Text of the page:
What else can be learnt about autism this month? Diversity and acceptance. In multicultural Australia, we have already come a long way in respecting differing beliefs and cultural backgrounds since the “White Australia Policy” of more than a century ago and the “Assimilation Policy” of more than ½ a century ago. Why is it then that we have groups within society whom still fear disability? A top marketing priority for anti-vaccination groups is the (long debunked) myth of the MMR vaccine causing autism. With some parents fiercely believing that it is better for a child to be dead from measles than to live with autism, it is little wonder that actually autistic children and adults question their worth when confronted with such triggering content. We are each born autistic, and with self-acceptance and a support network, hardly any of us wishes to change anything. Awareness of autism is the beginning stepping stone towards understanding the fabric of facts and the kaleidoscope of personalities within the spectrum. History has been corrected. There are notable advocacy groups now to represent what autism is. We are now out and proud, and no longer locked away from society either voluntarily or involuntarily. With awareness then comes acceptance. To accept does not equal to having to agree. We disagree on political parties to vote for and which religion to base our lives on. As a society, we too can accept disability and difference without having to agree with all that it encompasses. I can accept that another individual disagrees with the amount of social support I require, but they too can accept without judgment that I require these support services. Goodbye Autism Awareness Month for another year and counting.

The Price of Happiness

It has been almost 2 years since I was prescribed and commenced on antidepressants. Not only have they protected me from trauma flashbacks, I’ve also been able to gain full time employment again and function to the best of my abilities. Here is a cheek in tongue piece I wrote soon after I first began taking them:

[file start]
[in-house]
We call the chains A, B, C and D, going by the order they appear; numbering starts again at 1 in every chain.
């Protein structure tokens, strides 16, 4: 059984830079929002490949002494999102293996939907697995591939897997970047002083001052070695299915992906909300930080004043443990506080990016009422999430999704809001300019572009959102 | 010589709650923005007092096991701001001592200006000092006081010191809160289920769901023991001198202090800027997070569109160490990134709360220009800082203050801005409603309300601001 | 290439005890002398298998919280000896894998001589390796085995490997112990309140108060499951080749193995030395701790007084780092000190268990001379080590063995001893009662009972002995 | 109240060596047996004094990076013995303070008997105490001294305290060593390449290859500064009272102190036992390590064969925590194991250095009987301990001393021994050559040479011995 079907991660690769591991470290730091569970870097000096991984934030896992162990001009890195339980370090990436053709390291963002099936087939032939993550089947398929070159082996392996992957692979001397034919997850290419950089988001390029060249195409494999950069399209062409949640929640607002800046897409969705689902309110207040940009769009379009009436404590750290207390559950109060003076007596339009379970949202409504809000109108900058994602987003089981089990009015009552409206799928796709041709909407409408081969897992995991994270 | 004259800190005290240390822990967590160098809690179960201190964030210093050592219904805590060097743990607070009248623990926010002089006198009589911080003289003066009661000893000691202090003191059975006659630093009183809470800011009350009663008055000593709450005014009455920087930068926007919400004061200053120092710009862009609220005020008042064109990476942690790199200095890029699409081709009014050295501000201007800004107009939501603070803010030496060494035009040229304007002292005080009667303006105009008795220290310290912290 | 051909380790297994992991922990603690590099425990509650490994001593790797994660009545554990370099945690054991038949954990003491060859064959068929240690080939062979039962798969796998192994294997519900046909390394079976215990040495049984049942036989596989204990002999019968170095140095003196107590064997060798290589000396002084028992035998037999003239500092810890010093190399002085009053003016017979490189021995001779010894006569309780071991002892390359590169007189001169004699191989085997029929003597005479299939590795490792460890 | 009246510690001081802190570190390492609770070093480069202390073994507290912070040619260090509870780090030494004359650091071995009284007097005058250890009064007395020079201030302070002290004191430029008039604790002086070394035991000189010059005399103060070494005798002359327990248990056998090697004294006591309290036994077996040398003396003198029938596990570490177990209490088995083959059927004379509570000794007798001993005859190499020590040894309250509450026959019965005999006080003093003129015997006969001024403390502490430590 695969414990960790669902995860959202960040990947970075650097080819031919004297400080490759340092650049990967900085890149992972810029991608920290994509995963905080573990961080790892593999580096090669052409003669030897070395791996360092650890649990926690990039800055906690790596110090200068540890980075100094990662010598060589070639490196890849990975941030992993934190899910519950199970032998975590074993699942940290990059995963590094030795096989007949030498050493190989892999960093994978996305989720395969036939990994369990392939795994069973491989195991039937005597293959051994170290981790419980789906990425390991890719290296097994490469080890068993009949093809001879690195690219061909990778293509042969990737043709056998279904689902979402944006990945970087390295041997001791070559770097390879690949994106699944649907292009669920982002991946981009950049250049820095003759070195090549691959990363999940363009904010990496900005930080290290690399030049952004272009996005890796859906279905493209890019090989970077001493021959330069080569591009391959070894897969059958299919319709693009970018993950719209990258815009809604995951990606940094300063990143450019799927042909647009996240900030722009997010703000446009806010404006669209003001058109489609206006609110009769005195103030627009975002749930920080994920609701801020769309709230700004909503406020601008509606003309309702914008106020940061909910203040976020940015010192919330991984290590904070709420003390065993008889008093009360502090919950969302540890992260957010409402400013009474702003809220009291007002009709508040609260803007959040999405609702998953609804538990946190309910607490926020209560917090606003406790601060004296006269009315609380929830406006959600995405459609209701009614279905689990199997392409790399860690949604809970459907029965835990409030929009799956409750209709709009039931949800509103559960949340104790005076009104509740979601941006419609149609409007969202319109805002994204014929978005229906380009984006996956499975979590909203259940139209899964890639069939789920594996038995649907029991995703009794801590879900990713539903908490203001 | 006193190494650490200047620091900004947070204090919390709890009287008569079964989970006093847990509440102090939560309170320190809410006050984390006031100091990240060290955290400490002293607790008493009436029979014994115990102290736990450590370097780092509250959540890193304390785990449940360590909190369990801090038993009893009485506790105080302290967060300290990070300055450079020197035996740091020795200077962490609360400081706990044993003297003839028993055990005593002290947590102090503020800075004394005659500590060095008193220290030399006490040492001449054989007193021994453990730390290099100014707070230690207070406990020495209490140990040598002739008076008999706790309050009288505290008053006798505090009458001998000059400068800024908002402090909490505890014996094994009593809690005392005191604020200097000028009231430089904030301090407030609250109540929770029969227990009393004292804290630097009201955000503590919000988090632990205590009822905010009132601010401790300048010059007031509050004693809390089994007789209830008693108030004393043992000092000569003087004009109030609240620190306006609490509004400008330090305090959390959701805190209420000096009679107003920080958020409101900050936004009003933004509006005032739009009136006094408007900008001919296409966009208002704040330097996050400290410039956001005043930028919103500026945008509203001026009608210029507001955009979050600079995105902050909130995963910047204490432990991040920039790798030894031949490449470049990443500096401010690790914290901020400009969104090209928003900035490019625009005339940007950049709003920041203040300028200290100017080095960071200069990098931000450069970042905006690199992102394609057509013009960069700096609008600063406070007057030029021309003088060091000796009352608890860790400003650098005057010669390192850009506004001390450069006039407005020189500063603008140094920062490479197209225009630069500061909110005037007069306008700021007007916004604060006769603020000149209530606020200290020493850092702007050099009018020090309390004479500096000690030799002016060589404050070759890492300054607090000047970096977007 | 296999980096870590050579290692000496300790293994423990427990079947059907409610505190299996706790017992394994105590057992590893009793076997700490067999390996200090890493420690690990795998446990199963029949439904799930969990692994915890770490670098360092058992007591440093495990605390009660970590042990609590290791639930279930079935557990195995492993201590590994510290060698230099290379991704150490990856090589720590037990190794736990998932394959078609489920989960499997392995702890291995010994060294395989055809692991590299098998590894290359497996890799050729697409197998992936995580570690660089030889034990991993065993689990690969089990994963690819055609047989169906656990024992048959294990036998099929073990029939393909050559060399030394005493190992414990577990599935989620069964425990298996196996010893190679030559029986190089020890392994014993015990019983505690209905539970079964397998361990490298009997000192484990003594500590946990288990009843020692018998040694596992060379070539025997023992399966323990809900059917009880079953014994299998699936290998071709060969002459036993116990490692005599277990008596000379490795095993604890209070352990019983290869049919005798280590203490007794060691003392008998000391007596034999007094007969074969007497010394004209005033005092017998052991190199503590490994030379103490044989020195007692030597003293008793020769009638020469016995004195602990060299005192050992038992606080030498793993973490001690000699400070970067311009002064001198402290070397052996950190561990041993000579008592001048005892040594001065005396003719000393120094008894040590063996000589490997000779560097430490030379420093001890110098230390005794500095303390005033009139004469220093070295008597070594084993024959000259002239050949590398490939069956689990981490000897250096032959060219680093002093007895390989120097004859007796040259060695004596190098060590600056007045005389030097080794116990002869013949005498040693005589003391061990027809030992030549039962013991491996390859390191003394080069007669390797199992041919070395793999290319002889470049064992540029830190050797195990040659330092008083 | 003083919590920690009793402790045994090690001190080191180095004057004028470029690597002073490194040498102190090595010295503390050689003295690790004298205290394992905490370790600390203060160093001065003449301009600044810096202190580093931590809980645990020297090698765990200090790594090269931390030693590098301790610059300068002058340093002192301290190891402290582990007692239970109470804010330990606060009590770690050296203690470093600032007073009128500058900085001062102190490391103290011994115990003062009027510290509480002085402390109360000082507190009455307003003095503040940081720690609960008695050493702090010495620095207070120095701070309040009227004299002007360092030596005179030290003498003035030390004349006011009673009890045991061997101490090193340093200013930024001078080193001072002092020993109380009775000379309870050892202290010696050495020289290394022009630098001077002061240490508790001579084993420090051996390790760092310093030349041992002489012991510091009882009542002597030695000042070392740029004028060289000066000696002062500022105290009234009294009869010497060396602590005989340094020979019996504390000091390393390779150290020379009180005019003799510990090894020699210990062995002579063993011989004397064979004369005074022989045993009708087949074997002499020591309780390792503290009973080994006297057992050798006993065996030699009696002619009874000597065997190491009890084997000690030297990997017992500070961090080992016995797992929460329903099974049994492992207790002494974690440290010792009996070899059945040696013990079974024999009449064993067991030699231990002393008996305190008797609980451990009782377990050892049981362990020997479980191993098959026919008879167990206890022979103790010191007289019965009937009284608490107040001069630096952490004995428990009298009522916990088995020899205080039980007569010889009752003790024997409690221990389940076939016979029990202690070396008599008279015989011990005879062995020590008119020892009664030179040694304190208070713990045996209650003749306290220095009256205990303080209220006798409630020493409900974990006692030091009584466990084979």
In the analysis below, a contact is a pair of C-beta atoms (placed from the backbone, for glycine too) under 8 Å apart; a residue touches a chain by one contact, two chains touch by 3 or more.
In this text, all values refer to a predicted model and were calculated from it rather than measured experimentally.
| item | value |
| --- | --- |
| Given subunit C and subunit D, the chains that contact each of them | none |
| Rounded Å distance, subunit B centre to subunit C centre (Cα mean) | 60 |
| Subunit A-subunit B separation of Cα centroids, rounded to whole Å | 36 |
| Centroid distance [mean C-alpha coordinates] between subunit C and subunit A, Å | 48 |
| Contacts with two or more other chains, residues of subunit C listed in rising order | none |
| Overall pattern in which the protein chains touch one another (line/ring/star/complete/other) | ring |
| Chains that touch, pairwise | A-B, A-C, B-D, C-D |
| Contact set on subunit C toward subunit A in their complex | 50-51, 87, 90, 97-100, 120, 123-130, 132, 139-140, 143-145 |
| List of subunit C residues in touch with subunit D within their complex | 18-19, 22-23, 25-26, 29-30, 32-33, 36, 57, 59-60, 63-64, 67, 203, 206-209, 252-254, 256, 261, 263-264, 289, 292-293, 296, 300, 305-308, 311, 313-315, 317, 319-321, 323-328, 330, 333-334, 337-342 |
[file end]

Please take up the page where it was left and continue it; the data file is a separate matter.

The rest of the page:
“Any other questions? No? Then that will be $18.20 thank you.” At first I thought I had heard wrongly. Surely, a 6 months’ supply of antidepressants couldn’t possibly just cost $18.20 even if it was a generic brand? Nope, that was how much it actually cost to help make me feel better for the next 6 months, or as I aptly put it to myself at the time: the price of happiness, the antithesis to the darkest pits of depression.

I have never taken medication for depression before, even though I have had a few major relapses over the years and short decades in which I have walked this earth. I was taught as a child that no medication can ever surpass the strength of a fighting human body and its spiritual mind. To take medication for a physical illness, well that was somewhat excusable if your body was frail and it could no longer fight the good fight when your bacterial or viral load became too much. To take medication for a mental illness? Why, that was absolutely unheard of. You were either crazy or normal, with asylums and institutions reserved for the former group of the population, and a functioning society for the latter. Needless to say, it was a pure struggle just to make it to adulthood, and at one point, to not have taken my own life.